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3

For a good definition of Test Driven Development, I suggest you read Doc Brown's post. Here is how I would answer a similar question: All three practices are not mutually exclusive and can be combined into the larger software development process. Developing based on User Stories in iterative development cycles (Agile) does not exclude the engineering ...


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TDD means writing unit tests, before writing the code. Your unit tests are the documentation, and they dictate the design. Integration tests is testing how group of modules integrate together. It comes after unit testing. Agile methodology is the way you organize your process, in order to faster respond to requirements changes. That usually means ...


2

The important thing is to distinguish between TDD and ATDD. The AT there stands for "acceptance tests", and this refers to development where you first start with an acceptance test, which is likely to test the entire stack. This is also sometimes called "outside-in test driven development". When people talk about TDD, the "T" there probably refers ...


7

Is there a technique for unit testing both components in one run? That would actually be the opposite of unit testing - unit testing, especially in TDD style, means to test your components in isolation. Thus the answer is yes, "run separate test suites for the JS and PHP sections", otherwise it is not unit testing and not TDD. Of course, automated ...


-2

Developer Documentation How do I (as another developer) know that this has been tested? If I want to fix a bug in the self contained function, how do I know that I am not introducing a bug that you had already considered? Complexity indicator: # of tests can be a good measure of how complex something is. This may indicate that you shouldn't touch it ...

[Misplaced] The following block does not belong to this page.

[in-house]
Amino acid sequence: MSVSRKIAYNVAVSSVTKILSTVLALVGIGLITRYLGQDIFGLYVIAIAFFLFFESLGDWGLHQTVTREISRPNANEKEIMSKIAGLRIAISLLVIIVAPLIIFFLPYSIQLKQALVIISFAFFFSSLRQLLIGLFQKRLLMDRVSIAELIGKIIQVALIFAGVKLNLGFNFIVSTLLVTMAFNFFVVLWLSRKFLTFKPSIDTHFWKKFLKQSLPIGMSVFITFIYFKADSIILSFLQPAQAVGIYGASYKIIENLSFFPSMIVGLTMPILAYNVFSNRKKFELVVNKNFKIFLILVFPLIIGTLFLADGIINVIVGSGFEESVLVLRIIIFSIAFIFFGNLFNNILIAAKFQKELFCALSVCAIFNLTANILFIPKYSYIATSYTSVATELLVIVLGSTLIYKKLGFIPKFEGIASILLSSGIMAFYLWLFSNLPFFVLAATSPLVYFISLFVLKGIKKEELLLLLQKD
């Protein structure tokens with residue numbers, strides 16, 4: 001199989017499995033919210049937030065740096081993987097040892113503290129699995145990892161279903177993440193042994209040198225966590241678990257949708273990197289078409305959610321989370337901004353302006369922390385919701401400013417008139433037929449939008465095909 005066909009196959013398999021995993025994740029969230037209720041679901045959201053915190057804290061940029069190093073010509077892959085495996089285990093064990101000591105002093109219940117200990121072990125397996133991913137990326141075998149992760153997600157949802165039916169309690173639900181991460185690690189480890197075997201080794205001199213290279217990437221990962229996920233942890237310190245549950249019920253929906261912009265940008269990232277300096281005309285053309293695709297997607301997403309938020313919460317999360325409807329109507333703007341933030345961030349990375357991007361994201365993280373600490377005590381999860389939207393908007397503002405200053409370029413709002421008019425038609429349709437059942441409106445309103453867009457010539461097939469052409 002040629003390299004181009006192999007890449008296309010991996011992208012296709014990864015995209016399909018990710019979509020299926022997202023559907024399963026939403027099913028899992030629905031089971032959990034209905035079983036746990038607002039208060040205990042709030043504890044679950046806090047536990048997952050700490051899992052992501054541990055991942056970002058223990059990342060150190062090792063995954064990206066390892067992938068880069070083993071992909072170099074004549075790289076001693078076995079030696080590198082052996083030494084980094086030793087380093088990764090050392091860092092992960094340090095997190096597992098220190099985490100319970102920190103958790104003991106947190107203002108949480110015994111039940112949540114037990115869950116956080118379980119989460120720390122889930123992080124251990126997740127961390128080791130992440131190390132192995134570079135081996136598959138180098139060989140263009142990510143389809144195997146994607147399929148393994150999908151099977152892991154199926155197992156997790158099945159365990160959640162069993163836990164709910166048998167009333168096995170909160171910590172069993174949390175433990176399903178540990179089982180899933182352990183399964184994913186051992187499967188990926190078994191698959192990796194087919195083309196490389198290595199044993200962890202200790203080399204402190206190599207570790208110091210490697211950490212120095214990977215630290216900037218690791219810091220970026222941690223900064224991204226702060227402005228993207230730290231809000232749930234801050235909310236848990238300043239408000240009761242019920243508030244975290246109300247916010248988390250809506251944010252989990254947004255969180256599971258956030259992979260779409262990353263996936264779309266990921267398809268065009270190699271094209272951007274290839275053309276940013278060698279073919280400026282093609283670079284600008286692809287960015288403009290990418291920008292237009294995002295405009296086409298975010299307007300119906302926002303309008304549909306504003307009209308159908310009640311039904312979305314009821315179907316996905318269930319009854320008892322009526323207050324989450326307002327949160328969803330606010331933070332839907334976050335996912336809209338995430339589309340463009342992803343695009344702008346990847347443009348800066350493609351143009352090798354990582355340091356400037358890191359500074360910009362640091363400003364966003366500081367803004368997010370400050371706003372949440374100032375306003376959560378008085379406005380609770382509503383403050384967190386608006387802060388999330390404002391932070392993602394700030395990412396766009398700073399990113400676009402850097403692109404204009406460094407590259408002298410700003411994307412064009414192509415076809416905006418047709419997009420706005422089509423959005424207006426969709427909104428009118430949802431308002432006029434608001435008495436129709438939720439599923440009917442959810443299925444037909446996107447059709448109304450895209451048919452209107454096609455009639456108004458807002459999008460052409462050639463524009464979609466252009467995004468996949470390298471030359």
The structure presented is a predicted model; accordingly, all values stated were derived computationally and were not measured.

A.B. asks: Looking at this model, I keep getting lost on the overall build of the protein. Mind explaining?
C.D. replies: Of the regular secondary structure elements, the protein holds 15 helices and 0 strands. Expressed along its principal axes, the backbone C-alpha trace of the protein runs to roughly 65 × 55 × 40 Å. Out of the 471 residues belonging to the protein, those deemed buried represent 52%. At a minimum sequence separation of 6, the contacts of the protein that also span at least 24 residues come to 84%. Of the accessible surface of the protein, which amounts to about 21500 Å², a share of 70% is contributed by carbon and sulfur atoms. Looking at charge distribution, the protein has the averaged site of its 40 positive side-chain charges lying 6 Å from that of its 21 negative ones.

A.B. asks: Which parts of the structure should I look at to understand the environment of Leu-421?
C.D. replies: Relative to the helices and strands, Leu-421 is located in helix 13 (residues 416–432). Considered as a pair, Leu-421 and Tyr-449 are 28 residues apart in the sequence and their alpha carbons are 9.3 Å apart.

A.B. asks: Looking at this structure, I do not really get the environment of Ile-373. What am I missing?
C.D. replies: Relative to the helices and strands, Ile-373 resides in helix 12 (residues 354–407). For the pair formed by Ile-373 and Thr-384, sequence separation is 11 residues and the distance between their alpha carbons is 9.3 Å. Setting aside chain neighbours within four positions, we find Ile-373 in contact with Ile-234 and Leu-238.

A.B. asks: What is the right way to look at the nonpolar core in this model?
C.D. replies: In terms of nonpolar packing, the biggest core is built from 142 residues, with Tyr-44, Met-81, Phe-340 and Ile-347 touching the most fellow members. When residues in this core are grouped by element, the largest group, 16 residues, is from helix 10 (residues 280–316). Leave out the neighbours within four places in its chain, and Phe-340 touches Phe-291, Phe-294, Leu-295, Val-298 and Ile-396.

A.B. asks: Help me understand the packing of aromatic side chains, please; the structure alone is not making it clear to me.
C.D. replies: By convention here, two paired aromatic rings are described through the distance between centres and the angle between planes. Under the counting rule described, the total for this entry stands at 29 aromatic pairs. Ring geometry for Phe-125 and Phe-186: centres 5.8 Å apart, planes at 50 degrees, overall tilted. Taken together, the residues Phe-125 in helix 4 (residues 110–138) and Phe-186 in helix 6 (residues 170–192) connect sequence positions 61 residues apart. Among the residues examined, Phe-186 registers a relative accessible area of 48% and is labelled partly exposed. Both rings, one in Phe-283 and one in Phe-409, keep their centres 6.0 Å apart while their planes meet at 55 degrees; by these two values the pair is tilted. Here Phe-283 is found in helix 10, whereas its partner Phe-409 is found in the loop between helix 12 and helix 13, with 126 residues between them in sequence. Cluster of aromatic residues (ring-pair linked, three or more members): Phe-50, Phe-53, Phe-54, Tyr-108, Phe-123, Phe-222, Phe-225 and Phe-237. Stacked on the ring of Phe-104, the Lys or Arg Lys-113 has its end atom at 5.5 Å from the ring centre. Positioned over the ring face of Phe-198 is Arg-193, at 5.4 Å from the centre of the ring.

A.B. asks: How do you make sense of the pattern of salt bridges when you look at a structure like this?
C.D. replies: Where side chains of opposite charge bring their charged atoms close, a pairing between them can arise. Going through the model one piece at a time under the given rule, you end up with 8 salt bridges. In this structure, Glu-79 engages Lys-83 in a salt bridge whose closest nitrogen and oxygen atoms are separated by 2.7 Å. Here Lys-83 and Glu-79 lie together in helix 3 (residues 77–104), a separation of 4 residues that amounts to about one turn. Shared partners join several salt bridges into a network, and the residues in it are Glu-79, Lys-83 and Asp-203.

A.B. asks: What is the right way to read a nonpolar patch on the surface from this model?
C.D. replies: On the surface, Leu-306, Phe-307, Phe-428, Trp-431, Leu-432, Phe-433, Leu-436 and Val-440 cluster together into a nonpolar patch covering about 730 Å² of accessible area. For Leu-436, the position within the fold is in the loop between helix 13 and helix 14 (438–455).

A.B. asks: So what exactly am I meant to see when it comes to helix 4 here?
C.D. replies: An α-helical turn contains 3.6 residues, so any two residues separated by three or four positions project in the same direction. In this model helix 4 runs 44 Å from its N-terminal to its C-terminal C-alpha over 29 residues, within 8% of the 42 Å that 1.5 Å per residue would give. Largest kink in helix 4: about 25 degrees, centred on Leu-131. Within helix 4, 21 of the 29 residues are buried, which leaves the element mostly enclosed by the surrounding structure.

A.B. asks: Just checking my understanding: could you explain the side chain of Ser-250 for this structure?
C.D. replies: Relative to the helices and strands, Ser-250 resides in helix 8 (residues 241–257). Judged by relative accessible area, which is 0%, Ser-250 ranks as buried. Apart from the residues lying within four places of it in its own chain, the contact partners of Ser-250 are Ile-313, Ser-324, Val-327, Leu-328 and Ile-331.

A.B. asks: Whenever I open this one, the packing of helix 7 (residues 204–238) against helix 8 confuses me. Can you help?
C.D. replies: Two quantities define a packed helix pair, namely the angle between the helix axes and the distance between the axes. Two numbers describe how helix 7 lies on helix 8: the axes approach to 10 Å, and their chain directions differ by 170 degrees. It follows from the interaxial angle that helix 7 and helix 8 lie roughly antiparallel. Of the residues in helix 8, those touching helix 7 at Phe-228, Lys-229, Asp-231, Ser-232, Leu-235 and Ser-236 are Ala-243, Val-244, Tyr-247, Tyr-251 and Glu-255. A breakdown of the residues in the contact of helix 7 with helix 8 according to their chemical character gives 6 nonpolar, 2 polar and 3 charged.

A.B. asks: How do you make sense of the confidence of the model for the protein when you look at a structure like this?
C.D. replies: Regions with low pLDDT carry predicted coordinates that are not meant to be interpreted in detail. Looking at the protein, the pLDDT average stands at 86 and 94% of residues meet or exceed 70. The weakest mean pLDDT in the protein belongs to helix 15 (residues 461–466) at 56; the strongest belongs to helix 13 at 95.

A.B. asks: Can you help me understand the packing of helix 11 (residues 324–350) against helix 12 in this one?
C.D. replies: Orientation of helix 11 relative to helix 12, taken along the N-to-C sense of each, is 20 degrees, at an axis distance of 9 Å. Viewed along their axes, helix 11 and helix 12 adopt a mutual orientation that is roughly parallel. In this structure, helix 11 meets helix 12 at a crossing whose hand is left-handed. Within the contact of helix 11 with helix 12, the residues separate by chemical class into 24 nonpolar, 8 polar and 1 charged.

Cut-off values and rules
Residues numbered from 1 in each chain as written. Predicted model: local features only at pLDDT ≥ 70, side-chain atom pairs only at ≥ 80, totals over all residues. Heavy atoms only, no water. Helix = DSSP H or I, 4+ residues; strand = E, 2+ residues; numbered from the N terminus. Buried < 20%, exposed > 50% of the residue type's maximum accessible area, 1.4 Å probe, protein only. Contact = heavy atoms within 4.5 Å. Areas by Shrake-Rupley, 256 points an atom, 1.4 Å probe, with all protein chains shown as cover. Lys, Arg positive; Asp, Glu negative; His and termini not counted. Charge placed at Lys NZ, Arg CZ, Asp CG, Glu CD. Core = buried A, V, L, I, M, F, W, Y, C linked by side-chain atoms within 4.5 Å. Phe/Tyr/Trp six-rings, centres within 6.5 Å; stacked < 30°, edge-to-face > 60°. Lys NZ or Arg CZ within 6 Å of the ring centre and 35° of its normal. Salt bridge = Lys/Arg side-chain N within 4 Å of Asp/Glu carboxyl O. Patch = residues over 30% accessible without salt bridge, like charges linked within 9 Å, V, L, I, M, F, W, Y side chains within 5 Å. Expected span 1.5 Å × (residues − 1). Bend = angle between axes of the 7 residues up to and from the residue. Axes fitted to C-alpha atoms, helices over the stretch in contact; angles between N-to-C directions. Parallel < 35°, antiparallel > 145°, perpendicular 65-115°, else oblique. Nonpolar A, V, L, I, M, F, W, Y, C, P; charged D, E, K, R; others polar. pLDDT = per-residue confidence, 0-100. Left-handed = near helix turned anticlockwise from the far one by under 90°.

2

Reality Check I have been in challenging environments where testing is "a waste of time" during budgeting and schedule, and then "a fundamental part of quality assurance" once the customer is dealing with bugs, so my opinion is more fluid than others might be. You have a budget. Your job is to get the best product you can on that budget, for whatever ...


0

Yes, keep the tests, keep them running and keep them passing. Unit tests are there to protect you (and others) from yourself (and themselves). Why is keeping the tests a good idea; Validate the previous requirements' functionality in the face of new requirements and additional functionality Verify that refactoring exercises are correct Internal ...


43

Because nothing is so simple that there can't be bugs. Your code, while on the face of it looks to be bug free. It is in fact a simple programmatic representation of a polynomial function. Except it has a bug... public function polynominal($a, $b, $c, $d) { return $a * pow($x, 3) + $b * pow($x, 2) + $c * $x + $d; } $x is not defined as an input to ...


12

Everything said in the other answers is correct, but I will add one more. Documentation Unit tests, if well written, can explain to a developer exactly what a function does, what its input/output expectations are, and more importantly, what behavior can be expected of it. It can make spotting a bug easier and lower confusion. Not everybody remembers ...